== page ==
Foundation's Lee Pace And Laura Birn On Their Characters' Contradictory Relationship [Exclusive Interview]


The second season of "Foundation" gives us new iterations of Cleons, the clones of the first of that name who rule over a crumbling galactic empire. Three Cleons of different ages exist at one time: the young Brother Dawn (Cassian Bilton), Brother Day (Lee Pace), and Brother Dusk (Terrence Mann). Supporting those Cleons (or, perhaps, manipulating them?) is the ageless robot Demerzel, played by Laura Birn.

I had the chance to talk with Birn and Pace about their characters' relationship in the upcoming episodes, where we also learn a little bit more about how Demerzel became connected to the Cleons. "There is a marriage here, there is a marriage that is full of contradictions," Pace explained to me about his character and Demerzel. Birn readily agreed: "You can have deep love, but also you can be so disappointed in the other one," she told me, adding that "you can have an ego fight inside a beautiful marriage." 

No marriage is simple, but add in the sci-fi wrinkle of an artificial intelligence being the primary relationship for over a dozen clones of the same person from birth through death, and things get even more complicated. I talked with the two actors about what their characters face in season 2, when Birn knew certain secrets about Demerzel, as well as what Pace likes to read on his own time.

'I think love is a very powerful emotion'

No spoilers, but there's a complexity that we find out about Demerzel and the Cleons' relationship in season 2. When did you both become aware of that aspect of your two characters' history? And Laura specifically for you, I remember you said in a previous interview that [showrunner David S. Goyer] told you a secret about your character in season 1. Do we find out that secret in season 2?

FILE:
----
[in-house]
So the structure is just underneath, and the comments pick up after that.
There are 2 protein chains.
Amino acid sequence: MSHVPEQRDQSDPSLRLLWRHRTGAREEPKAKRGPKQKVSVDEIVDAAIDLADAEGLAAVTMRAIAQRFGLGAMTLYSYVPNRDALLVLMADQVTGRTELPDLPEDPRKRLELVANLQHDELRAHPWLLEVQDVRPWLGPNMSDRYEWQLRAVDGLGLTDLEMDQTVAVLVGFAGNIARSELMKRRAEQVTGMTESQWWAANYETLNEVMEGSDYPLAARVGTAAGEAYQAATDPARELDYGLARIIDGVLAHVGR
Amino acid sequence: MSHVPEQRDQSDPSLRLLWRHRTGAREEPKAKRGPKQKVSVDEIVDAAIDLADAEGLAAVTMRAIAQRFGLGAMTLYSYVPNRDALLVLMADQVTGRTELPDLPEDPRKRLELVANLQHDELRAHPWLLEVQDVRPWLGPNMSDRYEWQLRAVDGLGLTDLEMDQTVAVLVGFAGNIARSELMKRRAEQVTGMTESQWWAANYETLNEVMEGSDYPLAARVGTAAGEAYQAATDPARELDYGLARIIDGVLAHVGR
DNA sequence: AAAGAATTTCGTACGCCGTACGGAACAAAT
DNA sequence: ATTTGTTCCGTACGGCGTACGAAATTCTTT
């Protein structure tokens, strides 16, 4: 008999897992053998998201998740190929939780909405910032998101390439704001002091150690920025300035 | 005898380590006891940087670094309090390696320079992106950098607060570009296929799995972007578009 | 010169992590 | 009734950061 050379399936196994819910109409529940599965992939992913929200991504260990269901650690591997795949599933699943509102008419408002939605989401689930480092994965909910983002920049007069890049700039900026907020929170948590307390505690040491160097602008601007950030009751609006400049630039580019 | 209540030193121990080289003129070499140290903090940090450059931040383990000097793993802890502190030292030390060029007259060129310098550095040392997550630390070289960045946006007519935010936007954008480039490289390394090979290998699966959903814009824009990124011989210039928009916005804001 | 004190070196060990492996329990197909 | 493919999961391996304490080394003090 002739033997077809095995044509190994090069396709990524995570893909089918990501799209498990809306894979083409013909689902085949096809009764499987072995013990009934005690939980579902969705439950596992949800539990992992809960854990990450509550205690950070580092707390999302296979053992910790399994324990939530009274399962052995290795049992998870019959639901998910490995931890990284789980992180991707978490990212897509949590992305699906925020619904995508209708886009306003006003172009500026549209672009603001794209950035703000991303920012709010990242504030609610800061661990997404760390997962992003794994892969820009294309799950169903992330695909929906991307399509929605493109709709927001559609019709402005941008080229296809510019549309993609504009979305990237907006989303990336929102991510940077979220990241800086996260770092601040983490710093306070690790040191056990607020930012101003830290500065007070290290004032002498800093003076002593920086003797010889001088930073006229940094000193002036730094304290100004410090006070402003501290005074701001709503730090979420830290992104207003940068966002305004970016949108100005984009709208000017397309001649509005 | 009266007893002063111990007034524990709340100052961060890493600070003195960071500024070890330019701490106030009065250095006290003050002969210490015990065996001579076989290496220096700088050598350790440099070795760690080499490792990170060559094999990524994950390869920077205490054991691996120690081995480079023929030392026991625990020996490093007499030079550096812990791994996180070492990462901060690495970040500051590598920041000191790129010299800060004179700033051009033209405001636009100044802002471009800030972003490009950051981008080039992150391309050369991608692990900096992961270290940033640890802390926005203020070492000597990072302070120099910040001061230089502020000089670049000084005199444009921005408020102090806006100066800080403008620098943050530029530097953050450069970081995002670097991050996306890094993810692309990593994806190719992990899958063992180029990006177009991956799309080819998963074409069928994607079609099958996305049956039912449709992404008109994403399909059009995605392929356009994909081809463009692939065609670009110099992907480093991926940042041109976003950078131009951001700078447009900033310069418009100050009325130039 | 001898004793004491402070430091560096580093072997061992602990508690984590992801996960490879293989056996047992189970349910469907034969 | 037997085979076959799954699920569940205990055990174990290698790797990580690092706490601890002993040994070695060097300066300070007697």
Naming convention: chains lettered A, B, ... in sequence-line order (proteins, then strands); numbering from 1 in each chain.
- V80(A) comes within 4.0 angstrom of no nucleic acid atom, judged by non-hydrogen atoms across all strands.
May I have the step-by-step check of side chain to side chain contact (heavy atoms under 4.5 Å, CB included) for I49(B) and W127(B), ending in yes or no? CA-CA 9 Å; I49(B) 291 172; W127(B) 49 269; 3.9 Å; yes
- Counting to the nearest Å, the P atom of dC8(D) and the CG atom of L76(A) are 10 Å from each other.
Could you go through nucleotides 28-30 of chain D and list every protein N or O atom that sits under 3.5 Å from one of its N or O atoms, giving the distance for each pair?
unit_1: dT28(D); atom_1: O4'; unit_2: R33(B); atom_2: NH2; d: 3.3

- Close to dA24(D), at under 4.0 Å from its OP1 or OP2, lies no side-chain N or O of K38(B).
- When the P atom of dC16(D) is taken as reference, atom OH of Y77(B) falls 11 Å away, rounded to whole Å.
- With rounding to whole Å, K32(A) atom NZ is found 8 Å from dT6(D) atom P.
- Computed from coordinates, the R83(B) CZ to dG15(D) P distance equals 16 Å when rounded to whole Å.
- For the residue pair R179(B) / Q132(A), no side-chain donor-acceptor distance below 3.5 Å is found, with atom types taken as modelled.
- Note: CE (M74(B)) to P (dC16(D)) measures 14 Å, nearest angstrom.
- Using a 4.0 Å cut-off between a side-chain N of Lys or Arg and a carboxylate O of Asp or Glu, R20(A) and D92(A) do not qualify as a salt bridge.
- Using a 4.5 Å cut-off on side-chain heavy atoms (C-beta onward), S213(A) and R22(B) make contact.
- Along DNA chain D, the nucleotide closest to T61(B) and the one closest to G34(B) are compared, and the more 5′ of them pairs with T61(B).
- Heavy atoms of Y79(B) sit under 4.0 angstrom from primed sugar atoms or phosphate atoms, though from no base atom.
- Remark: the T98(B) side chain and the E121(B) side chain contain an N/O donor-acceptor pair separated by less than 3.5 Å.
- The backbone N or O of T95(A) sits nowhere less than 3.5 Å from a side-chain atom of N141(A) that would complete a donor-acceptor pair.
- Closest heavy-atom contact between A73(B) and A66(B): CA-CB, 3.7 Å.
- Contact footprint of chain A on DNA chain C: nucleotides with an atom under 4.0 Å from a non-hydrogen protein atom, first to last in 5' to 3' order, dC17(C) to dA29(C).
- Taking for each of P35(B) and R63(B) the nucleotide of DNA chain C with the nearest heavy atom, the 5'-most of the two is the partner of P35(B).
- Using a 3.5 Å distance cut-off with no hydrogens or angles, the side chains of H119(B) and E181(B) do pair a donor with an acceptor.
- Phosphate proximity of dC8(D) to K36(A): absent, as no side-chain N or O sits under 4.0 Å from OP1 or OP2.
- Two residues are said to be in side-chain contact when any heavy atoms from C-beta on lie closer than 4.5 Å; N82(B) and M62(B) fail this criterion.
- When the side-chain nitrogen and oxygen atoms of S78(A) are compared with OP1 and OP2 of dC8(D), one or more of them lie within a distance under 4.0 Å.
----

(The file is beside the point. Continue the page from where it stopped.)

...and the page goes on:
Laura Birn: We do find out the secret, yes, with season 2. But I think already in season 1, we got to explore a little bit of the relationship with that. She's their mother, she teaches them everything they know. She coaches them to become the emperor of the galaxy. And at the same time, she controls them, kind of like she controls everything they know. They live in this bubble inside the empire. They don't have any other people. It is very small and controlled.

Lee Pace: And I would say that Cleon, there's no one he trusts more than her. There's no one he loves more than her. She's raised him, she's conditioned him. She's made him believe he's the emperor of the galaxy and that he is justified and this is his rightful place in the world. So I think none of that backstory ever becomes clear to my character. I think he's moving forward in this plan that he has, of ending the dynasty, believing that this is a plan that they share. That I'm working with her blessing, that she's his soulmate in many ways.

That's a way I find my way into the character, because I think love is a very powerful emotion, and I think it's also a very complex one. They love each other deeply, but she's also a machine. They love each other deeply, but he owns her. They love each other deeply, but she owns him. I think that all of those things can be true. It's exciting to play a relationship where that is the case.

'I want to punch you, but I can't be without you'

And Lee, I know you mentioned Cleon's love of Demerzel is a constant no matter what version of Cleon you're playing. Obviously, we've seen different versions of the character. When you get into the character and when you're playing these different Cleons, beyond that love for Demerzel, is there any constant you try to bring to the character, even though they're different versions of Cleon?